Does the justice system generally recognise these links?

Here is an example of the links between pornography, prostitution and trafficking: Glenn Marcus ran a torture pornography website. He psychologically coerced a woman to permit pornography of her to be sold on Slavespace.com. She brought charges against Marcus who was her pimp/pornographer/trafficker - and torturer. At one point he stuffed a ball gag in her mouth, sewed her mouth shut and hung her on a wall.

Her attorneys used the following definition: Sex trafficking is coercing or selling a person into a situation of sexual exploitation, such as prostitution or pornography. On March 5, 2007, pornographer Marcus was convicted of sex trafficking. This legal decision reflects a deepening understanding of the ways in which pornography, prostitution, and trafficking are the same for the person who is being sexually coerced and exploited for profit.

Another example: The convergence of different arms of the sex industry can be seen in a law enforcement action in Las Vegas. A sex business that looked like an office complex from the street, blended pornography production and trafficking with escort and webcam prostitution.  On a webcam site, the sex buyer pays to chat with women who prostitute on streaming video, performing in real time what masturbating sex buyers pay them to do.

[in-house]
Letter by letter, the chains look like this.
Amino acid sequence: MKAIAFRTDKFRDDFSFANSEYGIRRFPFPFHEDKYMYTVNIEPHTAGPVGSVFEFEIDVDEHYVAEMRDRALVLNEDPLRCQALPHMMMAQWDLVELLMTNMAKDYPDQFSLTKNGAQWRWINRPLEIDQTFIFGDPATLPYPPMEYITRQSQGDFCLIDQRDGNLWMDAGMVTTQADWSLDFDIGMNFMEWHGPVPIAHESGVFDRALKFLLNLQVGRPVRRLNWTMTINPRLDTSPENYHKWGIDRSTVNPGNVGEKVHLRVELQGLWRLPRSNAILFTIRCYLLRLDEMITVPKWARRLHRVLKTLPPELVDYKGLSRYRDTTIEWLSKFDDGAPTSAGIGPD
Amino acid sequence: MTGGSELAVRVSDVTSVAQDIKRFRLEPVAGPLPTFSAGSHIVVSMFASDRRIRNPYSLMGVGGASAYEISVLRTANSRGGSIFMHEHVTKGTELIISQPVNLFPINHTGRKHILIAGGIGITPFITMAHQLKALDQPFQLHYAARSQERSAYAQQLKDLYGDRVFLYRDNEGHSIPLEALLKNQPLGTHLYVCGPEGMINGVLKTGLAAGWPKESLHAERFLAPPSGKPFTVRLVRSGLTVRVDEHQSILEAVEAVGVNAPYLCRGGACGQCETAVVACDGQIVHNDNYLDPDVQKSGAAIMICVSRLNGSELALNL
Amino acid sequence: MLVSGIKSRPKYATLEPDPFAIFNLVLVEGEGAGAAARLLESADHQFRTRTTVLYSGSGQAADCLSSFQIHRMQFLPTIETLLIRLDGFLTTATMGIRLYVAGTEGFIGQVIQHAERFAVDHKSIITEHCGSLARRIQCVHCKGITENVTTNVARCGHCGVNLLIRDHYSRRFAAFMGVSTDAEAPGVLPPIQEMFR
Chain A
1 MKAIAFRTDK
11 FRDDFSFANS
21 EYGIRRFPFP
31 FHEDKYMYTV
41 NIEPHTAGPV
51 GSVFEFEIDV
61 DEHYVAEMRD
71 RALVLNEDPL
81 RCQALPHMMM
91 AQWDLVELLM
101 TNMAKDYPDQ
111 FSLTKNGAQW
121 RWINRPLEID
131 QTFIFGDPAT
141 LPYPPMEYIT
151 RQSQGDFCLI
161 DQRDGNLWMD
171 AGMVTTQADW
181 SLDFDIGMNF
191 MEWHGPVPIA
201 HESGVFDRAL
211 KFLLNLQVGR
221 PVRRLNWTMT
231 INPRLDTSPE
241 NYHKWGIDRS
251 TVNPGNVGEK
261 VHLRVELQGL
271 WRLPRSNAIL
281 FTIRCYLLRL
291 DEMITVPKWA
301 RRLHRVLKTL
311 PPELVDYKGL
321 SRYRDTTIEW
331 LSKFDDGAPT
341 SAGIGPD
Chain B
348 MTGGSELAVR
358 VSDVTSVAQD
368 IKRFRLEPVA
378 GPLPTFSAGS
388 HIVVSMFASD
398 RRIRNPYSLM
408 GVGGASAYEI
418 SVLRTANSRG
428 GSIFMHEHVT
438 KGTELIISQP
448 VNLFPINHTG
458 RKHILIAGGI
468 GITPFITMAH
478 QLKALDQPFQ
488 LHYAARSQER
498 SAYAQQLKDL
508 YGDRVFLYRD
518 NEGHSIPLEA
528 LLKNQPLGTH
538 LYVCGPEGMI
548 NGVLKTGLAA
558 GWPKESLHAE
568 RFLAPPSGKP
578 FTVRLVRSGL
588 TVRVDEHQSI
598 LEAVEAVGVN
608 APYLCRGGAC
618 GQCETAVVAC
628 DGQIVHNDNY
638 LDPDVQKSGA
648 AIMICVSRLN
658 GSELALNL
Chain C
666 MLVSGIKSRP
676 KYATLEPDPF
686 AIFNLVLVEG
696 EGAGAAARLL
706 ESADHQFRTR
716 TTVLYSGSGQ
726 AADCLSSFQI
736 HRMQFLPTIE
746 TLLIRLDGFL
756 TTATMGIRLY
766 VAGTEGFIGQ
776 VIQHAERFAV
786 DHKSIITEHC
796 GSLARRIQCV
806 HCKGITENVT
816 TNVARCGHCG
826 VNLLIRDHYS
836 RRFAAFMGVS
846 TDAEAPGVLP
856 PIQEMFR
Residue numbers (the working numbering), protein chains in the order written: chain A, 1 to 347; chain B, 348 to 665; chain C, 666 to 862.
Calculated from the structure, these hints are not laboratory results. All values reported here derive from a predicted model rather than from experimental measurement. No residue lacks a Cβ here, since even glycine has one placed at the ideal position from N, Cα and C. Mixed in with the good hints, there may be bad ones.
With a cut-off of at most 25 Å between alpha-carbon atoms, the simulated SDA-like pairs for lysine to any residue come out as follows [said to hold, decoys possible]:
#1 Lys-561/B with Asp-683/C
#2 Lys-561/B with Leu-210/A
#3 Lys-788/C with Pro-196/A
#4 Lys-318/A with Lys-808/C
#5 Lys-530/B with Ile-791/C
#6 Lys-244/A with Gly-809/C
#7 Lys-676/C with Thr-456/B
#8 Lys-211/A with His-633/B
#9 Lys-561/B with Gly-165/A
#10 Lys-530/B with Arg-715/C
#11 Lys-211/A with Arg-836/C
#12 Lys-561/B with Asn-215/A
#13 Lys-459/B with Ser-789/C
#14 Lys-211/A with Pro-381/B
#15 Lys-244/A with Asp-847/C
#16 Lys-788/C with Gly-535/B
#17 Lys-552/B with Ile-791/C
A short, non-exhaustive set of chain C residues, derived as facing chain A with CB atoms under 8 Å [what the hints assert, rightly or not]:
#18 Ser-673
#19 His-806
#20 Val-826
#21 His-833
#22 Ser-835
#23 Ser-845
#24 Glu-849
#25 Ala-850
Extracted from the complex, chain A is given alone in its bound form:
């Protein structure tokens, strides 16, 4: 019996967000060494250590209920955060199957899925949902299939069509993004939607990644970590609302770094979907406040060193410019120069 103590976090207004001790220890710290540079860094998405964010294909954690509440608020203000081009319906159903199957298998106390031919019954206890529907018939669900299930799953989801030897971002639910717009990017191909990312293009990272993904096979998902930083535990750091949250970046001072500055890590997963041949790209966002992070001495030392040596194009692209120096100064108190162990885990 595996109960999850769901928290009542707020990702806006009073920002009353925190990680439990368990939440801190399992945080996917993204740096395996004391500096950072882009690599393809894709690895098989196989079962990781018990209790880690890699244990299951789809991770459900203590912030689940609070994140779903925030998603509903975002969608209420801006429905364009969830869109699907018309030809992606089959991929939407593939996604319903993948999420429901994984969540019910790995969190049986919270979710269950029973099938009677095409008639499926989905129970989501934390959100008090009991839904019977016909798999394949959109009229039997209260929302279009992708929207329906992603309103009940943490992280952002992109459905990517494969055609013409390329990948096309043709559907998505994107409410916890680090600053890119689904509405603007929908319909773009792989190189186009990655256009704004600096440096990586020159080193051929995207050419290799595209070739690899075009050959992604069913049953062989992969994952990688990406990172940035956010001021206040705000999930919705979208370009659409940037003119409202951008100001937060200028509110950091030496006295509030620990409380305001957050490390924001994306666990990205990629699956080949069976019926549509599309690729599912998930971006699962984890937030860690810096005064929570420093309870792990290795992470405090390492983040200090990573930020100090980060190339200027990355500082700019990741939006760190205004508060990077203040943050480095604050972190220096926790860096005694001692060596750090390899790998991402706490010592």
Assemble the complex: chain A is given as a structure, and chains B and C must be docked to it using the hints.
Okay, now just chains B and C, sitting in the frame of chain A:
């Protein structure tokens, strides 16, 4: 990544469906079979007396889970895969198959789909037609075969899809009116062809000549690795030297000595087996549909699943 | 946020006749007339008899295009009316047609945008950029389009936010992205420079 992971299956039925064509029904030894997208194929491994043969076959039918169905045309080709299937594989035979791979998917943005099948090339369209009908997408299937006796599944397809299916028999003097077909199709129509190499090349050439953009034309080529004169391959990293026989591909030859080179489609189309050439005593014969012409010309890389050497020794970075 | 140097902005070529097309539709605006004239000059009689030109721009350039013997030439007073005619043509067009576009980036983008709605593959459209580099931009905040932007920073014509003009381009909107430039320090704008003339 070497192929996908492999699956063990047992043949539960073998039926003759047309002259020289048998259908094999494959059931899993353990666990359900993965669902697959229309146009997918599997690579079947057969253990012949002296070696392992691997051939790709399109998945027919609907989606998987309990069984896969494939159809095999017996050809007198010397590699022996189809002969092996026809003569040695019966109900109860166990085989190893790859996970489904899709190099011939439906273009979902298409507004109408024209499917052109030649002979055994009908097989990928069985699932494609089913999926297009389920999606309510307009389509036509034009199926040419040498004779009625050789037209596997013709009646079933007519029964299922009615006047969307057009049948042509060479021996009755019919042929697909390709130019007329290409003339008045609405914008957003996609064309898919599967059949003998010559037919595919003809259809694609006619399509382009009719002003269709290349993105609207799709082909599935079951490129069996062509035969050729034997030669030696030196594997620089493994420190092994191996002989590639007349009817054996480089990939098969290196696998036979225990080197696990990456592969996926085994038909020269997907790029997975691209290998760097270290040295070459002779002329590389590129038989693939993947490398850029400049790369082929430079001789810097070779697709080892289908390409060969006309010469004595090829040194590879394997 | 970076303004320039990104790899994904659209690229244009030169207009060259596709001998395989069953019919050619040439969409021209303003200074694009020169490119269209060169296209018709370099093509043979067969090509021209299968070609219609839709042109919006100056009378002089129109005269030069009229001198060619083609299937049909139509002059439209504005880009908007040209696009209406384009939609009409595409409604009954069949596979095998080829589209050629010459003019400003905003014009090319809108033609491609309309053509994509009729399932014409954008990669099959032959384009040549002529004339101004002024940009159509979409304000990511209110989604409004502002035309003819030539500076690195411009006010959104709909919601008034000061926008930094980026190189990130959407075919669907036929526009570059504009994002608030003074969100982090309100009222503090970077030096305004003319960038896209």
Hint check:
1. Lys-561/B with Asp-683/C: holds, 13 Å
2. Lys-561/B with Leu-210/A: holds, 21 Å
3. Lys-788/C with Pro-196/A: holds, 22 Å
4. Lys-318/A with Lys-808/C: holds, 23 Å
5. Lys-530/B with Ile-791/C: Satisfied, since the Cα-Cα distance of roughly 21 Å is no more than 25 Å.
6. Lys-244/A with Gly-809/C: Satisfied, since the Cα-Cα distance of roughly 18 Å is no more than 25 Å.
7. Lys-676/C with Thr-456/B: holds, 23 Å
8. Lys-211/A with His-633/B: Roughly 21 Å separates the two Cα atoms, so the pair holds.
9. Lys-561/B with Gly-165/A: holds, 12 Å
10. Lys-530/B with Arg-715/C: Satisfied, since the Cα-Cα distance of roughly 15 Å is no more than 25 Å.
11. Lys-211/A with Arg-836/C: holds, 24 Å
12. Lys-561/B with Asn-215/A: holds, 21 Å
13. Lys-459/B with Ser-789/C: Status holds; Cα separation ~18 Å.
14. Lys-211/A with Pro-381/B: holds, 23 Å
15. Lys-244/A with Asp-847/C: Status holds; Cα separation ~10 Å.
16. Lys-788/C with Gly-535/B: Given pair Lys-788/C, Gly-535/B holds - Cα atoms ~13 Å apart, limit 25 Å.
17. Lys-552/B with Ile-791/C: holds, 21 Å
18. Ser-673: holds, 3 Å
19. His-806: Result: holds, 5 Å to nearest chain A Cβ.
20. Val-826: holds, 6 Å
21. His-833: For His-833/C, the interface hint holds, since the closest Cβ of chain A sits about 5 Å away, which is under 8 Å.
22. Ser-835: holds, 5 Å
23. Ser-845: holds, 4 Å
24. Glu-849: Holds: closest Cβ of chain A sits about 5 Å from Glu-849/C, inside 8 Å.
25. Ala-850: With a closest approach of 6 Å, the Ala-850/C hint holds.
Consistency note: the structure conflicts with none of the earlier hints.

In this case, the pimp/pornographer rented six offices that functioned as Internet pornography businesses, and as cyber-prostitution via webcam, and a place where women were pimped out to hotels and to a brothel. As you know, Nevada has legal pimping in rurally zoned brothels, but prostitution in Las Vegas is illegal, so when the women were pimped to Las Vegas hotels, that is trafficking.

It is not difficult to imagine that the experiences of the women are much the same.

The same oppressive experiences channel women into pornography, prostitution, and trafficking. Childhood abuse and neglect, a lack of quality education and job training opportunities, culturally mainstreamed misogyny, racism and poverty - all coerce women into the sex trade.

The same kinds of violence against women are perpetrated in pornography, prostitution, and trafficking. Women in prostitution face a likelihood of weekly rape. A Canadian woman in prostitution said, “what is rape for others, is normal for us.” A woman at a Nevada legal brothel explained that legal prostitution was “like you sign a contract to be raped.”

The emotional consequences of prostitution and trafficking are the same in widely varying cultures whether it’s pornography or trafficking, high class or low class, legal or illegal, in a brothel, strip club, massage parlor, or the street.

Symptoms of emotional distress among those in sex businesses are off the charts: depression, suicidality, posttraumatic stress disorder, dissociation, substance abuse. Two-thirds of women, men and transgendered people in prostitution in 9 countries met diagnostic criteria for posttraumatic stress disorder. This level of emotional distress is the same as the most emotionally traumatized people studied by psychologists - battered women, raped women, combat vets, and torture survivors.